This Breakthrough in Copper Extraction Changes Everything

Copper is “THE” metal of electrification… making it absolutely essential to the global energy transition.

Copper is “THE” metal of electrification… making it absolutely essential to the global energy transition.

The billion-dollar question is… will there be enough of the red metal available to meet growing demand?

The amount of copper needed for the world to attain net-zero emissions by 2050 would require more copper production, in a relatively short period of time, than the world has ever witnessed.

The problem is... the last major copper investment cycle occurred way back in the 1970s when there were still plenty of large-scale, high-grade copper deposits to be found!

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And while the sector is presently entering a period of increased greenfields exploration, new copper discoveries of merit are proving extraordinarily difficult to come by and are falling woefully short of compensating for the precipitous decline in ore grades from established mines.

In other words... most if not all of the “easy” copper deposits around the globe have already been found, and the vast majority of the easy-to-reach high-grade ore has already been scooped up. 

Another major roadblock to bringing new supply online is the exorbitant amount of time required for bringing a new copper mine from discovery to production.

We’re talking 10-plus years from the time an economically viable copper resource is discovered all the way through the various stages of feasibility, permitting, and mine construction.

And that’s assuming each process goes smoothly, which, as anyone involved in mining knows, is very rarely the case. 

Disruptions in major copper-producing countries have been in the spotlight as well in recent years, particularly in Peru — the world’s #2 copper producer — which has been beset by worker strikes and large-scale community protests.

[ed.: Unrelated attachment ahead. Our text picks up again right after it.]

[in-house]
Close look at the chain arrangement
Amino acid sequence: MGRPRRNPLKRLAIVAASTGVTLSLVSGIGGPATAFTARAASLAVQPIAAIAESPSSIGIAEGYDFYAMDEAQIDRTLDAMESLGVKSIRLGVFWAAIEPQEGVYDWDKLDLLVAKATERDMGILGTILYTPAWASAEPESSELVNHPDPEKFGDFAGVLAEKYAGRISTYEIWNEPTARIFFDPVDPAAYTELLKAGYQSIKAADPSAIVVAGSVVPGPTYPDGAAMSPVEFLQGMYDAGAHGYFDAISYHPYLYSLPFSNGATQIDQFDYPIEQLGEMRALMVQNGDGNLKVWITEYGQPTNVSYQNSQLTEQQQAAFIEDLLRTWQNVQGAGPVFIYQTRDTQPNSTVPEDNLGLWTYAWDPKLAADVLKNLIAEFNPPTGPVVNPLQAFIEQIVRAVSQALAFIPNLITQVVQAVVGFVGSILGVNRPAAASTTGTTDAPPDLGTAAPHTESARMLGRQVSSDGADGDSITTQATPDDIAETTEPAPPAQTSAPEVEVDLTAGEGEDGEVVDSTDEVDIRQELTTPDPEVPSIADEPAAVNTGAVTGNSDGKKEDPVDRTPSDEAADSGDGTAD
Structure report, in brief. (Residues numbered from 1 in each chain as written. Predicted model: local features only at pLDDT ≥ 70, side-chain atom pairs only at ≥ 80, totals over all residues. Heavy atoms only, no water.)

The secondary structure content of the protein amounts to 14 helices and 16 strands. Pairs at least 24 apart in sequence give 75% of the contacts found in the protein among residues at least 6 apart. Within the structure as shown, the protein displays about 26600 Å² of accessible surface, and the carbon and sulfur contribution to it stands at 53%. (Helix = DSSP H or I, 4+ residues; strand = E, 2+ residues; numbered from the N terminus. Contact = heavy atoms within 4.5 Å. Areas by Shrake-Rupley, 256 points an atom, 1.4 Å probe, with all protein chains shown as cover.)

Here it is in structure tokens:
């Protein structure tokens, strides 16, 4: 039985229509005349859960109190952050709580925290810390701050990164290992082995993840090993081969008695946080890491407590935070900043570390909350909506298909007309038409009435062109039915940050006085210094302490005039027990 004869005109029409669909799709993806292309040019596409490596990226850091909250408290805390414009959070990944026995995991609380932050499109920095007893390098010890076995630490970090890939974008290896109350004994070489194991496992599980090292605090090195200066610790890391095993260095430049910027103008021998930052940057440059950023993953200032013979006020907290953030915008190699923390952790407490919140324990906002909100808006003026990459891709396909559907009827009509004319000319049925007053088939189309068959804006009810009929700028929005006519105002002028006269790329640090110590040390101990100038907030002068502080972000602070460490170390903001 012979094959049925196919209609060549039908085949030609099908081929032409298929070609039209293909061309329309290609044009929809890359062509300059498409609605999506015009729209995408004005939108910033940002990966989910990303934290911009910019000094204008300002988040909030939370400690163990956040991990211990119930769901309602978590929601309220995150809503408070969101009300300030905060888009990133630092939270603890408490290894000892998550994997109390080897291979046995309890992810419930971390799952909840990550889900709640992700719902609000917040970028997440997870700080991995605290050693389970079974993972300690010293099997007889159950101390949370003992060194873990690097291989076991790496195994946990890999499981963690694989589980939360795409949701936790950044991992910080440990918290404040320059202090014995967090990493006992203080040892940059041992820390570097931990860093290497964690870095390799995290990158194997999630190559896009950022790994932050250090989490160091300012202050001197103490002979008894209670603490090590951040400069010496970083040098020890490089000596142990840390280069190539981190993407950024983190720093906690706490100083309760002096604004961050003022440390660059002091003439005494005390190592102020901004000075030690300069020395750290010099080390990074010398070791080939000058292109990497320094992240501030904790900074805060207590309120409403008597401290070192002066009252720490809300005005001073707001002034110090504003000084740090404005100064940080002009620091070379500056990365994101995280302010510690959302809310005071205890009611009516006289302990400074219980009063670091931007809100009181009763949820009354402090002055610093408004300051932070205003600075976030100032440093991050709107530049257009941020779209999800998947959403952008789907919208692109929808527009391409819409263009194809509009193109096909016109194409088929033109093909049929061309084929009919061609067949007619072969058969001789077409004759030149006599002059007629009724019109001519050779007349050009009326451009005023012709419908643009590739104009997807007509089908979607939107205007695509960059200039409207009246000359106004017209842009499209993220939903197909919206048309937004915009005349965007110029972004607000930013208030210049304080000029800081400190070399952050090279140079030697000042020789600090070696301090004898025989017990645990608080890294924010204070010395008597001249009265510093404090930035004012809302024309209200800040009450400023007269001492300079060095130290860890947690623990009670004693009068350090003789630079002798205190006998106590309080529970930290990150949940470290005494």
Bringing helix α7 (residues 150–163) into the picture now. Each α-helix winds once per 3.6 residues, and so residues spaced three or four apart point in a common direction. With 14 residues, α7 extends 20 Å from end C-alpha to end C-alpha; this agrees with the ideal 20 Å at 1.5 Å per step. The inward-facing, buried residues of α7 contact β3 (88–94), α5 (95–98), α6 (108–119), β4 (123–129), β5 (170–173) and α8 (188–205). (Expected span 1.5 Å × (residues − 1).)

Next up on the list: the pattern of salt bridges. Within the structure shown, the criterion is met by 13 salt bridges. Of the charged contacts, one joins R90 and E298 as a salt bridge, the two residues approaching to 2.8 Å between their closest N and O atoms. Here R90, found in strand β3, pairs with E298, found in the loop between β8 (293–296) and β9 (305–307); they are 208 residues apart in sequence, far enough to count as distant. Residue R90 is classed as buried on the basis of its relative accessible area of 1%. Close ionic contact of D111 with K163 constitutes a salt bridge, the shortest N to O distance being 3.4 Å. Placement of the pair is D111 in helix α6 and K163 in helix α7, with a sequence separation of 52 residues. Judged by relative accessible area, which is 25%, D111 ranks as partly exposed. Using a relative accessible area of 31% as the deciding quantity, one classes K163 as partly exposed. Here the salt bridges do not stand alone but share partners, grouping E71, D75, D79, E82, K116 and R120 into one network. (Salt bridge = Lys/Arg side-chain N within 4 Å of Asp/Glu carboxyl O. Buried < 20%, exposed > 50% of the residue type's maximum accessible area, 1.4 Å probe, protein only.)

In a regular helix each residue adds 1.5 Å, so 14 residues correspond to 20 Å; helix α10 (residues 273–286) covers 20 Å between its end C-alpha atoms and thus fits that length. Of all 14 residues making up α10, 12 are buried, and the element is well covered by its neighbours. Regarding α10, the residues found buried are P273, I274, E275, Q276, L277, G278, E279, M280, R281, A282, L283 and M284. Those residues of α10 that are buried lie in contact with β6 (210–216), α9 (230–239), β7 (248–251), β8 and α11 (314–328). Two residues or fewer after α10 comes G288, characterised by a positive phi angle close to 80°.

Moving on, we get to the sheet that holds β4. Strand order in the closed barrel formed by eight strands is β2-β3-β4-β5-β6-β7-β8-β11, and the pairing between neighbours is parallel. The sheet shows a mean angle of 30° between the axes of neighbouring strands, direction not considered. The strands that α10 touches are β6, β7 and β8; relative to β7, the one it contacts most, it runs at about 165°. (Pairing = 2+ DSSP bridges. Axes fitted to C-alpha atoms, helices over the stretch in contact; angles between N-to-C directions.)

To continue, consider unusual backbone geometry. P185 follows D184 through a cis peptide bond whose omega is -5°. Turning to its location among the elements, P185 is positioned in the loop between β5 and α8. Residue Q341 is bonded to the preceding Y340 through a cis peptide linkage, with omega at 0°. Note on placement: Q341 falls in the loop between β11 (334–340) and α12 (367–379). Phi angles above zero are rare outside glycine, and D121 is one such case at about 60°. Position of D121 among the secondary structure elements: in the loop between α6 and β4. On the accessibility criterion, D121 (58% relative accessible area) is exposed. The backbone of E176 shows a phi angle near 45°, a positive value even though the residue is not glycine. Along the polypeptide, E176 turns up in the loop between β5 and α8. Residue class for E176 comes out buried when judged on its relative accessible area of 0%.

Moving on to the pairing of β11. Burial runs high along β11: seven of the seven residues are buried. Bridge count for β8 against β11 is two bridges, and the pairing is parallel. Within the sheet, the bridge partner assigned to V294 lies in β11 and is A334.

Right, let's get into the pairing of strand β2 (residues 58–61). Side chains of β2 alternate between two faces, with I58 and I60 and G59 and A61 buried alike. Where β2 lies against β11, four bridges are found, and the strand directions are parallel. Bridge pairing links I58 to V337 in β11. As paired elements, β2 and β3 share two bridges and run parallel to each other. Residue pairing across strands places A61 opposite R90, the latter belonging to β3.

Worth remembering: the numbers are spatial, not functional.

Moreover, much of the world’s known copper reserves are situated in high-risk mining jurisdictions such as the Congo and Inner Mongolia… not exactly the kind of places major mining companies prefer to be setting up shop.  

All of these factors are combining for what many experts predict will be a protracted copper shortfall that could last for decades. 

In viewing the 5-year copper price chart below, we can see that the overall price trend for the red metal has been bullish since 2020. 

In viewing the 5-year copper price chart below, we can see that the overall price trend for the red metal has been bullish since 2020.

We witnessed a bit of a pullback in the first half of this year with prices temporarily retreating from a peak of around US$4.30 per pound in mid-January to an interim low of about US$3.60 per pound in late-May. 

Yet, with the market now realizing that a large copper deficit is looming in the not-too-distant future, prices have since begun to inch back up toward the US$4/lb range and could soon be well on their way to US$5-plus. 

Commodities, and metals in particular, are typically beset by short-term cyclical price volatility. Yet, the longer-term outlook for copper remains exceedingly bullish as higher prices will be required to incentivize new exploration and project development, globally. 

As alluded to, copper demand is set to undergo a generational shift as decarbonization efforts ramp up across the globe in an effort to attain net-zero.  

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Al Chu, lead portfolio manager at BNY Mellon, says, “Copper is typically used as a construction metal for wiring for building, wiring for machinery and what not, but if we look at the decarbonization net zero energy transition trend, copper is the new oil.

When it comes to electrifying something and transmitting electricity — you need copper, plain and simple. And that means everything from wind and solar power generation and the much needed revamping of electrical grids to EVs and consumer electronics.  

For example, EVs require up to 175 lbs of copper per vehicle, which is roughly 4X the amount used in a typical combustion engine vehicle. 

Wind energy requires on average 2,000 tons of copper per gigawatt. Solar needs even more; about 5,000 tons of copper per gigawatt.

And while recycled material plays an important role in copper stockpiles, there is no current methodology for the economic retrieval of the metal from the billions of tons of low-grade waste rock scattered around the world’s past and present copper mining operations.

Or is there?!

Our own John Carl of Profit Cycle Pro and Gerardo Del Real of Junior Resource Monthly recently returned from a site visit to a small-cap copper miner with operations in Arizona that may be on the cusp of something truly revolutionary in the copper extraction space.

Their comprehensive report on the company and the state-of-the-art extraction process is hot off the press… and is available to you right here.

Mike Fagan

Mike Fagan
Editor, Daily Profit Cycle